Housing, Residence Life discusses dorm closures, plans for Southside

Low enrollment, staff shortages caused closure of four residence halls; potential for new Southside dining hall



Junior mathematics teaching major Jordyn Smith talks about her freshman experience two years ago living in Stevens Hall, March 2.

FRANKIE BEER, Evergreen news editor

Over the past two years, low student enrollment rates and staff shortages at WSU caused Housing and Residence Life to close four residence halls, eliminating all but one single-gender dorm. 

Although Housing and Residence Life will not remodel Stevens, Wilmer Davis and Stimson halls in the near future, its staff hopes to revitalize the south side of campus with new communal spaces starting the summer of 2023, said Brandon Brackett, director of Housing and Residence Life.

Waller Hall is getting renovated to become a multicultural space accessible to students, according to an NWPB article detailing the recent sale of WSU heritage houses. 

Brackett said he recommended closing the four residence halls in 2020 after about 700 students returned to campus that year. A decrease in student enrollment caused a decrease in income for the university.

Brackett said he experienced the five most formative years of his life in Stimson Hall and that it was difficult to close that hall in particular. 

“It tears my heart up, to be honest,” he said. “I spent five years living in Stimson and loved every second of it. I hate that it’s closed right now, but it’s financially a better decision in terms of what we can do resources-wise to enhance and maintain the students’ experience.”

Jordyn Smith, junior mathematics teaching major, said she chose to live in Stevens Hall her freshman year in 2019 because she wanted a smaller, tight-knit community and thought the dorm’s history was “incredibly cool.” 

She said she considers the friends she met that year to be her family.  

Smith said she remembers participating in unique hall activities like Sunday tea time. Once they graduated, students who had lived in the dorm left their teacup in the two cases near its entrance, which are filled with the teacups of past students. 

Smith said that Stevens Hall, the oldest dorm on campus, serves as a nice memory of how WSU first began, and she was disappointed when it closed. 

“[I was] kind of heartbroken, I’m not going to lie,” Smith said. “This was actually my favorite building on campus, so seeing nobody living in it was kind of sad because I’ve had so many great memories here, and it’s sad to see that other people won’t. This one’s kind of near and dear to my heart.”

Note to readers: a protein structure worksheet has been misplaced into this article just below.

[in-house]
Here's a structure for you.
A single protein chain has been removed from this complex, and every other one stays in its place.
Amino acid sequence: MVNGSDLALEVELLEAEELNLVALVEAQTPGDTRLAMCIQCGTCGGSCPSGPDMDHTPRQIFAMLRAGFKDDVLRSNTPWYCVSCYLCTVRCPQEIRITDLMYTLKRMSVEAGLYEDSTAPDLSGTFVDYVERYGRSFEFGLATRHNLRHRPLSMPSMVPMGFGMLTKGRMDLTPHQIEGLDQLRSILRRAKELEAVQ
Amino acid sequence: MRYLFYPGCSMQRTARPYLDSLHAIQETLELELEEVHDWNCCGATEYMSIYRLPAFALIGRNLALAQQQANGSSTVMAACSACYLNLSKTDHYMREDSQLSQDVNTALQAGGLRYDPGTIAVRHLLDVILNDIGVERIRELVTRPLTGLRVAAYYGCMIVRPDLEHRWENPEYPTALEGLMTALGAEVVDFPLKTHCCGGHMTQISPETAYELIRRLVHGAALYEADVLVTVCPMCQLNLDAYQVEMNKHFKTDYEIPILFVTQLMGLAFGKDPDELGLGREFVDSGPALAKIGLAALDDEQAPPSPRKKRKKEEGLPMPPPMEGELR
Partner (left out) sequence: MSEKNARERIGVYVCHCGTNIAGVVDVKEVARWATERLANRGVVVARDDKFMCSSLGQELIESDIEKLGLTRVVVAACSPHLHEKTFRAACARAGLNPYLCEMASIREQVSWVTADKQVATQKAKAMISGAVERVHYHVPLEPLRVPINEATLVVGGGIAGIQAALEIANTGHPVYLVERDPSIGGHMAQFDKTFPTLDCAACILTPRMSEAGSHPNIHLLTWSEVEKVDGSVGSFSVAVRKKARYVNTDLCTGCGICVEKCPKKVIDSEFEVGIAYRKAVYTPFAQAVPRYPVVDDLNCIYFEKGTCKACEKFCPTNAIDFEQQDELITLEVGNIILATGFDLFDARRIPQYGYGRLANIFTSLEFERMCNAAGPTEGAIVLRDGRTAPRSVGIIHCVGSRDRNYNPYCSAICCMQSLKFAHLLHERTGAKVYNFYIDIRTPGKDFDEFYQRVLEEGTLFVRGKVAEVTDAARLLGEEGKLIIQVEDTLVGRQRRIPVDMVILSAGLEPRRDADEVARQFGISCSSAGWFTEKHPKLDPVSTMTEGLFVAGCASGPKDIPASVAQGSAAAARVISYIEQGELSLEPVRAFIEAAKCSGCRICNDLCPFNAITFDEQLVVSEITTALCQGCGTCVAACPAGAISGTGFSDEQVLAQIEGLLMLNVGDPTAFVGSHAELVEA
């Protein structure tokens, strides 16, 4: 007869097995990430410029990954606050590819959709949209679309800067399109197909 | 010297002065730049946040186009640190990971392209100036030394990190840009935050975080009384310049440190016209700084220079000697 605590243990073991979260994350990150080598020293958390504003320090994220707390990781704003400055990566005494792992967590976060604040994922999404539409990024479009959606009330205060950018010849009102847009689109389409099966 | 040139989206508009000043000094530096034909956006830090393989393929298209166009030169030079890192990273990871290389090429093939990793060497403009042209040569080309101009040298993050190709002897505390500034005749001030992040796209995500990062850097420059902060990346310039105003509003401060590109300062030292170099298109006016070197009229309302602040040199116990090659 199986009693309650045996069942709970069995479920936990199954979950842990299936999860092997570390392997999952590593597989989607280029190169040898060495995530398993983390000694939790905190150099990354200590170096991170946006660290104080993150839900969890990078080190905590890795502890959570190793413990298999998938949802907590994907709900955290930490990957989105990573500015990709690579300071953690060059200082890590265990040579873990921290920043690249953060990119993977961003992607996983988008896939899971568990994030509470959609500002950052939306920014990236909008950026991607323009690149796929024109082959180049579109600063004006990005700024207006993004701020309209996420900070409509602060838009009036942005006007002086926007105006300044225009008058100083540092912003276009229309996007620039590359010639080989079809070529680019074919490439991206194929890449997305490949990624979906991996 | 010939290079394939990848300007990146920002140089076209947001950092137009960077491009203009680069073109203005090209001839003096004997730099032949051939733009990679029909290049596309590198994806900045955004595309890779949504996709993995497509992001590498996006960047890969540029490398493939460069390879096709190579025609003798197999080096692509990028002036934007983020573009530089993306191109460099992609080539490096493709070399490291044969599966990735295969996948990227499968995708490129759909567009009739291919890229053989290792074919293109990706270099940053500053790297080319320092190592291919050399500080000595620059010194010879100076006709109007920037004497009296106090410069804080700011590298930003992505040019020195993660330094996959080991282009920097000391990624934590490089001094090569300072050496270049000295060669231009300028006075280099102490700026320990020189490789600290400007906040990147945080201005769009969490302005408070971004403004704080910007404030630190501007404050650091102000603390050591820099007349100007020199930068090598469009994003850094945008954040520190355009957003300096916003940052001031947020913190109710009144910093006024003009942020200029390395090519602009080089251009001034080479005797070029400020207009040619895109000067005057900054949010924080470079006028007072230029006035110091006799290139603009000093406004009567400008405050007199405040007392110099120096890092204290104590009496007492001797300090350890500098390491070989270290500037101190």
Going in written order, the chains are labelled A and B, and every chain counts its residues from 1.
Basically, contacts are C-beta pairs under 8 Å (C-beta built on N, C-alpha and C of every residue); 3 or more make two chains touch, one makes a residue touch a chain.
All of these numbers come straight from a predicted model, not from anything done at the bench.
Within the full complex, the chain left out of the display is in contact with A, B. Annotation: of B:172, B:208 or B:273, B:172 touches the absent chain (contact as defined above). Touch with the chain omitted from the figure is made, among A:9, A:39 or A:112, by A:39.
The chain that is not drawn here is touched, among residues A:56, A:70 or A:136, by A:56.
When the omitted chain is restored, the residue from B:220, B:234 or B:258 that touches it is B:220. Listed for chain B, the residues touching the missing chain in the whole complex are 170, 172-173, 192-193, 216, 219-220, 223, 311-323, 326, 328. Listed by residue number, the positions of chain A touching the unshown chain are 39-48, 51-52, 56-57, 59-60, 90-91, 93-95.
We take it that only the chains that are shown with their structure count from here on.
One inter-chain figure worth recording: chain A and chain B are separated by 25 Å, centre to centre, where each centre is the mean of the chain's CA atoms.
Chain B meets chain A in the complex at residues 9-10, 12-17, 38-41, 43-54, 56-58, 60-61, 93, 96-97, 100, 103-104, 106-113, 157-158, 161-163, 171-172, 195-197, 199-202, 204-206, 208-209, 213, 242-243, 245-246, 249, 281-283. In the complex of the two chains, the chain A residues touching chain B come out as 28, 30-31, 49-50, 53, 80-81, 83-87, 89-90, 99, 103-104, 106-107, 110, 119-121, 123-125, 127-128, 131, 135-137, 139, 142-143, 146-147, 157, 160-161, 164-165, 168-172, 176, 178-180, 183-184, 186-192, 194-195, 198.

If WSU were to keep all of the dorms open, the quality of maintenance and custodial service would be very low, Brackett said. 

Aaron Cunningham, Auxiliary Facility Services director, said the turnover and vacancy rate of maintenance staff is about 20% compared to about 10% in the past. 

Housing and Residence Life employs 103 people to provide preventative maintenance for the closed residence halls and complete three projects per year for the open halls, like repairing roofs and sidewalks, he said. 

Brackett said reopening the residence halls would be an expensive undertaking, considering they have never been remodeled with the exception of Stimson Hall, which was remodeled in the 1980s. 

Housing and Residence Life began to completely remodel Wilmer Davis Hall two weeks before the pandemic struck Pullman, but increasing labor and supply costs have placed that project on the back burner, he said. 

Although no plans are finalized, the university also plans on updating Southside starting the summer of 2023 to improve its community feel, Brackett said.  

Cunningham said Southside is a “gateway” to campus and would benefit from a common gathering space that has a “destination feel,” where students can stay and socialize rather than take their food to go, he said. 

He said the intersection of Nevada Street and Stadium Way is one of the busiest pedestrian areas on campus, so constructing a new dining hall would positively impact the students living in that area. 

“A dining center, at least to start with, is a better way to spend the kind of money we’re talking about because it takes tens of millions of dollars and several years to get something like that,” Cunningham said. “We have to look at it as making the most impact for the most folks.”

Cunningham said he is the “division’s pessimist” and suspects there may be some design or infrastructure delays before the university is able to break ground on the project. 

The funding for this project would come from the university’s reserves as well as “bonding” with local organizations, he said. 

Once Southside is modernized over the course of several years, Brackett said he would like Housing and Residence Life to “come back to the hill” for renovations because that is where WSU originated. 

Throughout his career, Brackett said he hopes to produce an experience for students that is similar to the one he had in Stimson Hall. 

“It’s a big reason that I went into the work I went into,” Brackett said. “I wanted to recreate those experiences for the students that we have now. I look back and see how much I grew as an adult in those years … At the bare minimum, that’s my goal: to allow students to have that same opportunity to grow, develop and mature.”